The compulsory MCO update

It is a bit embarrassing that a few entries ago, I mentioned wanting to write every day. I failed that, obviously, but again nobody should care, least of all me. This is the kind of fake-goals that we set to make ourselves feel good.

At the beginning of the COVID-19 lockdown (it is a lockdown practically, despite the mouthful terminology used by the government), I came up with a list of personal goals: to finish a book every X days, to finish Y online courses, to complete Z number of projects. I was ambitious and wanted the lockdown to be productive.

But if there is anything that this global pandemic taught us, it’s this: your goals don’t matter much. By all means, set goals to force yourself out of the bed at 6.30am and to actually do something useful throughout the day. But at the end of the day, the amount of work that actually gets done matters very little. So why not do things that you enjoy, at a rate which is enjoyable to you, not to keep score.

In the grand scheme of things, more powerful forces are at work making the world go round. You can plan this and that and do a lot of busywork, yet if everything is at a standstill, nothing can move forward that much. Imagine putting a fish in a closed fishtank, and throwing the tank into the ocean. You are now that fish.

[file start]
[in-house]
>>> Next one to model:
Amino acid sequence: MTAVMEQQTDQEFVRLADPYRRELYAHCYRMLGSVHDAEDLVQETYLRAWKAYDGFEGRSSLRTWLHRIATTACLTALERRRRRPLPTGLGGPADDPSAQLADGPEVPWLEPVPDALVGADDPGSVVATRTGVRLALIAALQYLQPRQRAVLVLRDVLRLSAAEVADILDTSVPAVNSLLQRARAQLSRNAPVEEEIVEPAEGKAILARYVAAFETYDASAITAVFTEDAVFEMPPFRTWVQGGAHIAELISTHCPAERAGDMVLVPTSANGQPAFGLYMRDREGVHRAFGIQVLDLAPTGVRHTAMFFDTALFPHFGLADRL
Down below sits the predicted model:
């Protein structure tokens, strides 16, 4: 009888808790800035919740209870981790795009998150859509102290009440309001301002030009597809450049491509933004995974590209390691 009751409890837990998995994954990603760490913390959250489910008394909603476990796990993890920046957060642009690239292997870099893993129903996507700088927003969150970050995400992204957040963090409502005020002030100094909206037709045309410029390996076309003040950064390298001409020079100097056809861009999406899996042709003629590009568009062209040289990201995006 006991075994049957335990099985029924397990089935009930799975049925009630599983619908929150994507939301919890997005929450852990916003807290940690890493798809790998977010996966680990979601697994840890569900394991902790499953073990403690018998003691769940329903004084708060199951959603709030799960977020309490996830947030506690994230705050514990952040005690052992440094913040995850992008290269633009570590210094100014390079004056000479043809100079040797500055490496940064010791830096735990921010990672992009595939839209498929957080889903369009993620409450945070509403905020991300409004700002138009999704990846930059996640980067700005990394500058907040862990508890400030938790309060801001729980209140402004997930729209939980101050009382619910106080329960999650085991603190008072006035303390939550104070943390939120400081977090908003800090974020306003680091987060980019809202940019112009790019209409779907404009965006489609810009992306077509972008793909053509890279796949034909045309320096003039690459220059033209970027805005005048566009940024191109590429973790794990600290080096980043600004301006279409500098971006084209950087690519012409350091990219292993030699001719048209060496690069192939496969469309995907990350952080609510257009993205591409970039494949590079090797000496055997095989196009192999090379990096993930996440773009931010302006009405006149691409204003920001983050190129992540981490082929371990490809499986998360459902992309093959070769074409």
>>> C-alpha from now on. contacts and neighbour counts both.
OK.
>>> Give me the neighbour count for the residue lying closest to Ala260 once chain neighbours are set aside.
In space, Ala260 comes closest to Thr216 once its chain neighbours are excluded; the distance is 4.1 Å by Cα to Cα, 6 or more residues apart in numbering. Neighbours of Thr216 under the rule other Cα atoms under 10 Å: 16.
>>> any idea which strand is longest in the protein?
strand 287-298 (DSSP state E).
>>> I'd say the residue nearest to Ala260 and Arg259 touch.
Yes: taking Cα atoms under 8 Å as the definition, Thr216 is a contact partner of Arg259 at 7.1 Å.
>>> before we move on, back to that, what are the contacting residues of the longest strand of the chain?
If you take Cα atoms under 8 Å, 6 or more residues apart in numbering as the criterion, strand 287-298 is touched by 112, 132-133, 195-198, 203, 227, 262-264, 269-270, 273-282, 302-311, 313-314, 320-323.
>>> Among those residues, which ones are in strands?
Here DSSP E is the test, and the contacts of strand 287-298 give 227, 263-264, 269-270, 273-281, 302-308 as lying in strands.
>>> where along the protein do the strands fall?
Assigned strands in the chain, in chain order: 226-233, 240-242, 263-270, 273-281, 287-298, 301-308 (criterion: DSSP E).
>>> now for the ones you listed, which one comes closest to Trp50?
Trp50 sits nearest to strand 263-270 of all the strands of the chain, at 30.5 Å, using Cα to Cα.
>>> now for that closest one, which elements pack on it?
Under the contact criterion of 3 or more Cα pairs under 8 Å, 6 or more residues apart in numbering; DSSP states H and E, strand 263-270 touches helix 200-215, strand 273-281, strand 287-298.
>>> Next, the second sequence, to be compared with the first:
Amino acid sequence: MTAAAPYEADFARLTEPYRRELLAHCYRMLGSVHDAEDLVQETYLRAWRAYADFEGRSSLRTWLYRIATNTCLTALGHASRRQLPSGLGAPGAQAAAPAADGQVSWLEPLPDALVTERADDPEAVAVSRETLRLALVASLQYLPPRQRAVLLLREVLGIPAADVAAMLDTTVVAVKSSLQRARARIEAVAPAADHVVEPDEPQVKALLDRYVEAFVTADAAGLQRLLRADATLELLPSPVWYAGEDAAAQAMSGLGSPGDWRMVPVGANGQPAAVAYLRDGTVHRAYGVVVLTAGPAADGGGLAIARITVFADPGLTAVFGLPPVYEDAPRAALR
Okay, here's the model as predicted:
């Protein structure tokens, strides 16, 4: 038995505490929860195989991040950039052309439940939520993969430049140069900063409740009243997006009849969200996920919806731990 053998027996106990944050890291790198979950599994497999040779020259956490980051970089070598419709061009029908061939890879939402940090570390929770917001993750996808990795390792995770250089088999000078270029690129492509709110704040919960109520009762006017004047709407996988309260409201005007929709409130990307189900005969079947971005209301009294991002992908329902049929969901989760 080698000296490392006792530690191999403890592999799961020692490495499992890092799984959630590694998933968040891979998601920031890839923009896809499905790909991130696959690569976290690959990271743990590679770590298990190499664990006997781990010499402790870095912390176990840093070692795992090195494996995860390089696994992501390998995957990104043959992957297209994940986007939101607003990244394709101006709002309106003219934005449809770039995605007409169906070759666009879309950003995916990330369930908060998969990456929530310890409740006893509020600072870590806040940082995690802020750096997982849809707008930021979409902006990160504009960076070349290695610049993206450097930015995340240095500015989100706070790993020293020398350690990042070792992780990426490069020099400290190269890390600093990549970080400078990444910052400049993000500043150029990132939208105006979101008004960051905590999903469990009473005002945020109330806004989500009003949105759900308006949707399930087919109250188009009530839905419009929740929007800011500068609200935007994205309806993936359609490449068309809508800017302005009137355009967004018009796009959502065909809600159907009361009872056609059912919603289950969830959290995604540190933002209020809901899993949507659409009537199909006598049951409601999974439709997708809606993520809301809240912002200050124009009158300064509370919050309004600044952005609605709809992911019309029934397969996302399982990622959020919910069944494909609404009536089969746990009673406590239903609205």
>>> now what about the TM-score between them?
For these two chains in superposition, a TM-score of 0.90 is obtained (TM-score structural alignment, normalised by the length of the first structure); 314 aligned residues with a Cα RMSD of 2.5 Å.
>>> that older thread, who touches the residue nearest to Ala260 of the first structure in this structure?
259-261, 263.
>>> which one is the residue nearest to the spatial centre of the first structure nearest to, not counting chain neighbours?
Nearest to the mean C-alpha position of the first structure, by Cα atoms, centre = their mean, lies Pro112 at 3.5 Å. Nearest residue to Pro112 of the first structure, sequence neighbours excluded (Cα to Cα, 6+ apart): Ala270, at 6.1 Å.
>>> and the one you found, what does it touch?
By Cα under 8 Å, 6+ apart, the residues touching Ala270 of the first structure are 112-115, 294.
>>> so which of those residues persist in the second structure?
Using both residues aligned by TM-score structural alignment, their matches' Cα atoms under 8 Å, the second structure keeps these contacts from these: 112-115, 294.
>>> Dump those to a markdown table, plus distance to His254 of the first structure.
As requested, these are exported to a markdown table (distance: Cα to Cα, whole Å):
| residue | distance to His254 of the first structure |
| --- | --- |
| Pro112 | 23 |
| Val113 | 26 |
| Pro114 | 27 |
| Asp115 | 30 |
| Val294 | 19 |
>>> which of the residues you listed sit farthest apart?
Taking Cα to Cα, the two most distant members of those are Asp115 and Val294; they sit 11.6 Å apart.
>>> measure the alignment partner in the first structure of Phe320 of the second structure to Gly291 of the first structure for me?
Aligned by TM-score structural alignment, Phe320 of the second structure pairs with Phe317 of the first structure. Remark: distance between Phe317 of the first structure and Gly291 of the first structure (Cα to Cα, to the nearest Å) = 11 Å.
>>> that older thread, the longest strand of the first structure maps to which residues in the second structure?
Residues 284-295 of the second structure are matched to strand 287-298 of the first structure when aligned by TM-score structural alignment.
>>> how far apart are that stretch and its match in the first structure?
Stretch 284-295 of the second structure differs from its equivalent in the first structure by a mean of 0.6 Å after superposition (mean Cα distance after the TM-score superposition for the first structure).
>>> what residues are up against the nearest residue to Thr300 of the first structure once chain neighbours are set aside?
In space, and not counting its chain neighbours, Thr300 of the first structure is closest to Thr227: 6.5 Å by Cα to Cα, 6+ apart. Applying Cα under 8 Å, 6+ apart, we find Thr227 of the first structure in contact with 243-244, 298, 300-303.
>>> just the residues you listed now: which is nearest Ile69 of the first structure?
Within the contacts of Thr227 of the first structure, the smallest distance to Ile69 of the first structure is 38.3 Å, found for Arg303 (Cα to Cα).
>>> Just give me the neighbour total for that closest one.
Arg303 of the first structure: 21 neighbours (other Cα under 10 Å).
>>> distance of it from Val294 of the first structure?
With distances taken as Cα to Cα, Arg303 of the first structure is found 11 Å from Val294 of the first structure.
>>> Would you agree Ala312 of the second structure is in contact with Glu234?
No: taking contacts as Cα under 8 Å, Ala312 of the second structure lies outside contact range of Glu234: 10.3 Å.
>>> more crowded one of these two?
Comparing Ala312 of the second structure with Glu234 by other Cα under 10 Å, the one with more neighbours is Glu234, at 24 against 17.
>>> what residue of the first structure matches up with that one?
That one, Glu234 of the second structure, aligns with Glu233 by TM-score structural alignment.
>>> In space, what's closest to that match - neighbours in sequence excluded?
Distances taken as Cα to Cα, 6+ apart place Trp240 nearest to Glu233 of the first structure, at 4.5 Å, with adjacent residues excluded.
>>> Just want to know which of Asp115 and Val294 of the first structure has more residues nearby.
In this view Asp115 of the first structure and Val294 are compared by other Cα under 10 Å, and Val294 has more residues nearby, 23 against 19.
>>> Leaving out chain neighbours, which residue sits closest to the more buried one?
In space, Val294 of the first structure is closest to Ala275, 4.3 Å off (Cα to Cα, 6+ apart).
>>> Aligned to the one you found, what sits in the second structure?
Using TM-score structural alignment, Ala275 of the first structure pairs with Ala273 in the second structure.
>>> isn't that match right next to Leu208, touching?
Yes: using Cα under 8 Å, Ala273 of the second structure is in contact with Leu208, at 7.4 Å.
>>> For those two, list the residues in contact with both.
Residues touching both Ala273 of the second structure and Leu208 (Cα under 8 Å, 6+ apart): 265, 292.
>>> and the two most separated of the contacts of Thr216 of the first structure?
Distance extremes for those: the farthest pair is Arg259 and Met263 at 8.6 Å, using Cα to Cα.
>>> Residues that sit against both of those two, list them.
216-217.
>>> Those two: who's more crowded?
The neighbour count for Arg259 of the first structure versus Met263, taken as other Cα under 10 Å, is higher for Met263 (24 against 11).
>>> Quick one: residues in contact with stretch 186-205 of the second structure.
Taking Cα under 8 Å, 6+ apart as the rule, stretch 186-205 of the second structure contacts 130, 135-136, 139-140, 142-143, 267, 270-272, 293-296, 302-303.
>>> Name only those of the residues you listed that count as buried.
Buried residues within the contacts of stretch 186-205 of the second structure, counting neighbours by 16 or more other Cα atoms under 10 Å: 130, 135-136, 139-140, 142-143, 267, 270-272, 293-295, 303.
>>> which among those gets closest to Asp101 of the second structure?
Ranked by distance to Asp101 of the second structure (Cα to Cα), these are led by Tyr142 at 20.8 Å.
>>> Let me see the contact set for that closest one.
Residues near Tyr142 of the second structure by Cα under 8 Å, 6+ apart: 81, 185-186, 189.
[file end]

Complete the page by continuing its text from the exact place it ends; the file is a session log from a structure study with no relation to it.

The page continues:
I’ve heard some businesspeople complaining that they completed a major project, but the counterparty (normally the government) is not operating as usual and comes up with plenty of bullshit excuses like we can only accept the delivery of the project in a face-to-face meeting, we cannot get the approval by this and that officer since they are working from home, we cannot deploy the system remotely, Zoom is insecure, and so on. So the entrepreneurs can’t get paid. So much for planning and executing.

I feel guilty sometimes for enjoying this MCO “vacation” because I am having a great time, yet many people are in fear of losing their livelihood, and for some, the ability to provide basic necessities to their families. I sympathize with those who suffer, I really do. I help where I can.

But let me just say that this lockdown (or Perintah Kawalan Pergerakan) period has been pleasant for me.

I am a natural introvert so there’s not much difference between my life before and during MCO. Playtime with my boy toddler, reading a good book with a hot mug of Darjeeling tea on the side, simple lunch and dinner every day, are all I need to have a good time. Yes, I am that boring.